1:10 I’m not going to fault his hand placement here, because he had to jump over a defender to attempt to make a play, which he did. Pinkies were together (which is good) and he made a snatch at the ball, pulling it into his body. It’s a lower percentage play, but he made it and it looked amazing.

1:16 He adjusted his route to basket catch (pinkie to pinkie) this ball moving away from the defender. He could have high pointed to face the ball with his thumbs, but I think he made the right call using his body positioning and speed to make sure the defender couldn’t make the play. Since it was a soft ball thrown by Ben, this was the right way to catch the ball. If the ball was a laser, his right hand positioning is much smaller and could get in the way of making a catch.

1:23 I’m nit picking here, but his palms weren’t facing the ball, they were only about 40% facing (you want over 45degree angle). He’s being defended on the catch, so he kind of grabbed the ball like a rebound. Again, he made the play.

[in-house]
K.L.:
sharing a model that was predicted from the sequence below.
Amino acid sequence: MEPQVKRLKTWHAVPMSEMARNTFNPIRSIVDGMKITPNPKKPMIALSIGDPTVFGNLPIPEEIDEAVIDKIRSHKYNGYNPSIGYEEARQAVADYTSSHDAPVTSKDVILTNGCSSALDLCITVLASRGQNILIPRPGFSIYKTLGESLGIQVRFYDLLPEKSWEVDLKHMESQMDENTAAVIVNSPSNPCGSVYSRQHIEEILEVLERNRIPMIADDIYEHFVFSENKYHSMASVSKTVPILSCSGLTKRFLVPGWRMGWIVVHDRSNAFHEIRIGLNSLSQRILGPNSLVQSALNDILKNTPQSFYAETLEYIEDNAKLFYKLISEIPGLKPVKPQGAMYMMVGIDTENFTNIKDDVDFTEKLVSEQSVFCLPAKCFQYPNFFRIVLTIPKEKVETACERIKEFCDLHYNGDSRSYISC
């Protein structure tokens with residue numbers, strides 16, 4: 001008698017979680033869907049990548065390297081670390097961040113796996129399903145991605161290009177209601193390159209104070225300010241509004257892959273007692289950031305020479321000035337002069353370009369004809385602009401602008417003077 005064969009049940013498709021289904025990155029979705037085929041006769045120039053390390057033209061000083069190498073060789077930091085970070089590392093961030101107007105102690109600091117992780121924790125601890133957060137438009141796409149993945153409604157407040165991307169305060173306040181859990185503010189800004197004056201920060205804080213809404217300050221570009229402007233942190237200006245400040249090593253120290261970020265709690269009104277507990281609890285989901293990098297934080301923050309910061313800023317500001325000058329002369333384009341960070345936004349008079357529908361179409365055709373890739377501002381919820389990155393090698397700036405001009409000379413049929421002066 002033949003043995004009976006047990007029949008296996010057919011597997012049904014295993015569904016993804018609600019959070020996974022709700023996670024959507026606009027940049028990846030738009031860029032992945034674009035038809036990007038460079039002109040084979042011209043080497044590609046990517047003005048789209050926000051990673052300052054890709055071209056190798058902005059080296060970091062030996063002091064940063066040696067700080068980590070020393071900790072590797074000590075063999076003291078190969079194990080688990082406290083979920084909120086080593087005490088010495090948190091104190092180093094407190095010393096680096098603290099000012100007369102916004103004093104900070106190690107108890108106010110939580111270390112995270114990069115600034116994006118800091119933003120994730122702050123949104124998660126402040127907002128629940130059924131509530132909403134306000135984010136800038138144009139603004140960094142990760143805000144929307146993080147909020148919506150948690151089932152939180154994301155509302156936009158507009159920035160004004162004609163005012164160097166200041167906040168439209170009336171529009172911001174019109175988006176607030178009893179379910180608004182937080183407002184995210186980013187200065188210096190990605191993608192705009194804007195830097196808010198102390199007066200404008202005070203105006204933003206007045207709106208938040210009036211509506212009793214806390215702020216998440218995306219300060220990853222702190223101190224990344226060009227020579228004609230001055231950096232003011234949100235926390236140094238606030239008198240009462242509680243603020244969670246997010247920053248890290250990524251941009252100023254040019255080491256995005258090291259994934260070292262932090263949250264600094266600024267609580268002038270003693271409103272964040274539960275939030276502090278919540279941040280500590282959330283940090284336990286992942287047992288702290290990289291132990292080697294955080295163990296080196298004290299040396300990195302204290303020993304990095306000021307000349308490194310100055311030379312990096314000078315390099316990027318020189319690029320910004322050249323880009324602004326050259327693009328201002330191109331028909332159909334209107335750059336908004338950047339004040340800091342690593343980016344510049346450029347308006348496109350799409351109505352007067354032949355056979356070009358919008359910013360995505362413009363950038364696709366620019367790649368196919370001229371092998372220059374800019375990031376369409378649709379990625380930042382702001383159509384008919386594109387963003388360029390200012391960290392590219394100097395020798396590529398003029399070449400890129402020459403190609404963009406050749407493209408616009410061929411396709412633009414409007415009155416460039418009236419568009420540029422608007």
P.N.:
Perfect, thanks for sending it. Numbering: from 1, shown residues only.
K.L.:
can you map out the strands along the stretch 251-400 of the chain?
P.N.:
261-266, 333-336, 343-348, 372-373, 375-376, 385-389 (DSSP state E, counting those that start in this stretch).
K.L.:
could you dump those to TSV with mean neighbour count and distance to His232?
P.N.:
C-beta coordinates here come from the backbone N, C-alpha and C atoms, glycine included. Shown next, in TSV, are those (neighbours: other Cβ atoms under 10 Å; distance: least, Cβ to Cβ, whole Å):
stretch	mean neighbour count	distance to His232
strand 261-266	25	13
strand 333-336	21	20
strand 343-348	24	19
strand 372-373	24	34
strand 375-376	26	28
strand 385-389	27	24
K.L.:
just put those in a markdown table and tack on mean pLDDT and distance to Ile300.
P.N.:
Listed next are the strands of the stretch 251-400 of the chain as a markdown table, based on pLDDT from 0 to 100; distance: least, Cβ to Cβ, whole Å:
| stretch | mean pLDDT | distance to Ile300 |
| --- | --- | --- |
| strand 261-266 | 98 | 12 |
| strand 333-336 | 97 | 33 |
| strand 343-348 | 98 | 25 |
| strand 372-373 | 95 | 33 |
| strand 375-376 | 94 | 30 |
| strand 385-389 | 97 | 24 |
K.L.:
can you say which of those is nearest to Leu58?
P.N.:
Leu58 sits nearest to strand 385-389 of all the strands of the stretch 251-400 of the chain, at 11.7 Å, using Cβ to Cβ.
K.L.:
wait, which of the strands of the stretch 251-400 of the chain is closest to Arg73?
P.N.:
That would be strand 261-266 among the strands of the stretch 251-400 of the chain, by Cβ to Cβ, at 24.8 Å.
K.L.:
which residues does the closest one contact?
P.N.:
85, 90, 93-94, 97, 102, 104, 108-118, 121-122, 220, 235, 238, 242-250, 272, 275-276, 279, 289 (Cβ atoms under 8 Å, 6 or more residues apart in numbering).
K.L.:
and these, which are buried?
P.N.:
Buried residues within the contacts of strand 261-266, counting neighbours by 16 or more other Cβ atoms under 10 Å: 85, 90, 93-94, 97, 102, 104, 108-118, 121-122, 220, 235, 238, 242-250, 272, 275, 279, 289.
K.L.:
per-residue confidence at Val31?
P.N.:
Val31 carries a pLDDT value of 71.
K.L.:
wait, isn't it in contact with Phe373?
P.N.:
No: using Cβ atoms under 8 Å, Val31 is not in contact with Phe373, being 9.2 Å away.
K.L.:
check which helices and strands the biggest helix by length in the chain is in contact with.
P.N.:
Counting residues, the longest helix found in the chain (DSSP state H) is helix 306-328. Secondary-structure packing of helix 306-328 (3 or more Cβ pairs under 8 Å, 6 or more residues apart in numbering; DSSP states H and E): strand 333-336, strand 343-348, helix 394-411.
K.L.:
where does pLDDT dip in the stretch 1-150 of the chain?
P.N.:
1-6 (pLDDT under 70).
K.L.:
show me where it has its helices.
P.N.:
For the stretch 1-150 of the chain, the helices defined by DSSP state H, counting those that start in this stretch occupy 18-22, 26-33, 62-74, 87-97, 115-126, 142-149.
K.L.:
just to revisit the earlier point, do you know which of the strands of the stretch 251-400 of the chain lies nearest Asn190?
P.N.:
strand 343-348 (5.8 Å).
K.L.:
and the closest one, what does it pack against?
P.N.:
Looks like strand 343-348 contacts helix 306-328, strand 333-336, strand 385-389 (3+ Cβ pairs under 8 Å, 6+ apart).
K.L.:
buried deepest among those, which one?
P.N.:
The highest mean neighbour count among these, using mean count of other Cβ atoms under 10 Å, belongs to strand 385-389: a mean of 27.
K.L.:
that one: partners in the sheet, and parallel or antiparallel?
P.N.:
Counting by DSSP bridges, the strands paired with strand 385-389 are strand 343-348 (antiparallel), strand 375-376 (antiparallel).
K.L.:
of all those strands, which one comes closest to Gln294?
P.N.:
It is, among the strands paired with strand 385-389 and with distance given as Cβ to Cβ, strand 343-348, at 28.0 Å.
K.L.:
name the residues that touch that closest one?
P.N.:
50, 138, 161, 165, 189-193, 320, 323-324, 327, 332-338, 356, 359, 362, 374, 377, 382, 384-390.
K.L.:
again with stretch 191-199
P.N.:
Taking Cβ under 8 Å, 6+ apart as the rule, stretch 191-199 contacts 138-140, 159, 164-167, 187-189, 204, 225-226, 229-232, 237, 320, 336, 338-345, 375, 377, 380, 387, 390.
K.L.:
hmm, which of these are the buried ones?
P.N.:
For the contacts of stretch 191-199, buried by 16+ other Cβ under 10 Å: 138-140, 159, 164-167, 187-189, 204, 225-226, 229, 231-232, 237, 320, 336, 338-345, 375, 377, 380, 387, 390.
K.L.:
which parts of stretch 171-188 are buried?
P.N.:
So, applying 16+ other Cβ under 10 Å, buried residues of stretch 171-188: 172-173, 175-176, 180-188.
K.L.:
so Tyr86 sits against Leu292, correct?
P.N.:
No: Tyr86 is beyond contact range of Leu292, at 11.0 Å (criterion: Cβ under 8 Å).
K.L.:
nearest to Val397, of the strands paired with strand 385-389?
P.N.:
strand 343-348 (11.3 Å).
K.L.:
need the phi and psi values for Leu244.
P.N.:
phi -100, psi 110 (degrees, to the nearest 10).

1:53 Good full extension catch with great hand placement. Getting the toes in also was a plus. This should have been incomplete, but he made the play for Landry.

2:00 a Scoop body catch. I hate these catches. He is waiting for the ball when he could have attacked it. In the NFL, these passes are usually defended, but Ben did drop it in perfectly between the defenders, and Sammie did slow up his route to adjust for the ball to drop in his body scoop.

2:14 Nice slide to adjust to a low ball downfield. This is when he was playing with swagger and confidence. When he went down he still snatched at the ball too quickly to pull it in, and his left hand was at a bad angle, but he made the catch. This snatching at the ball when his pinkies are together is now a tendency that can be fixable.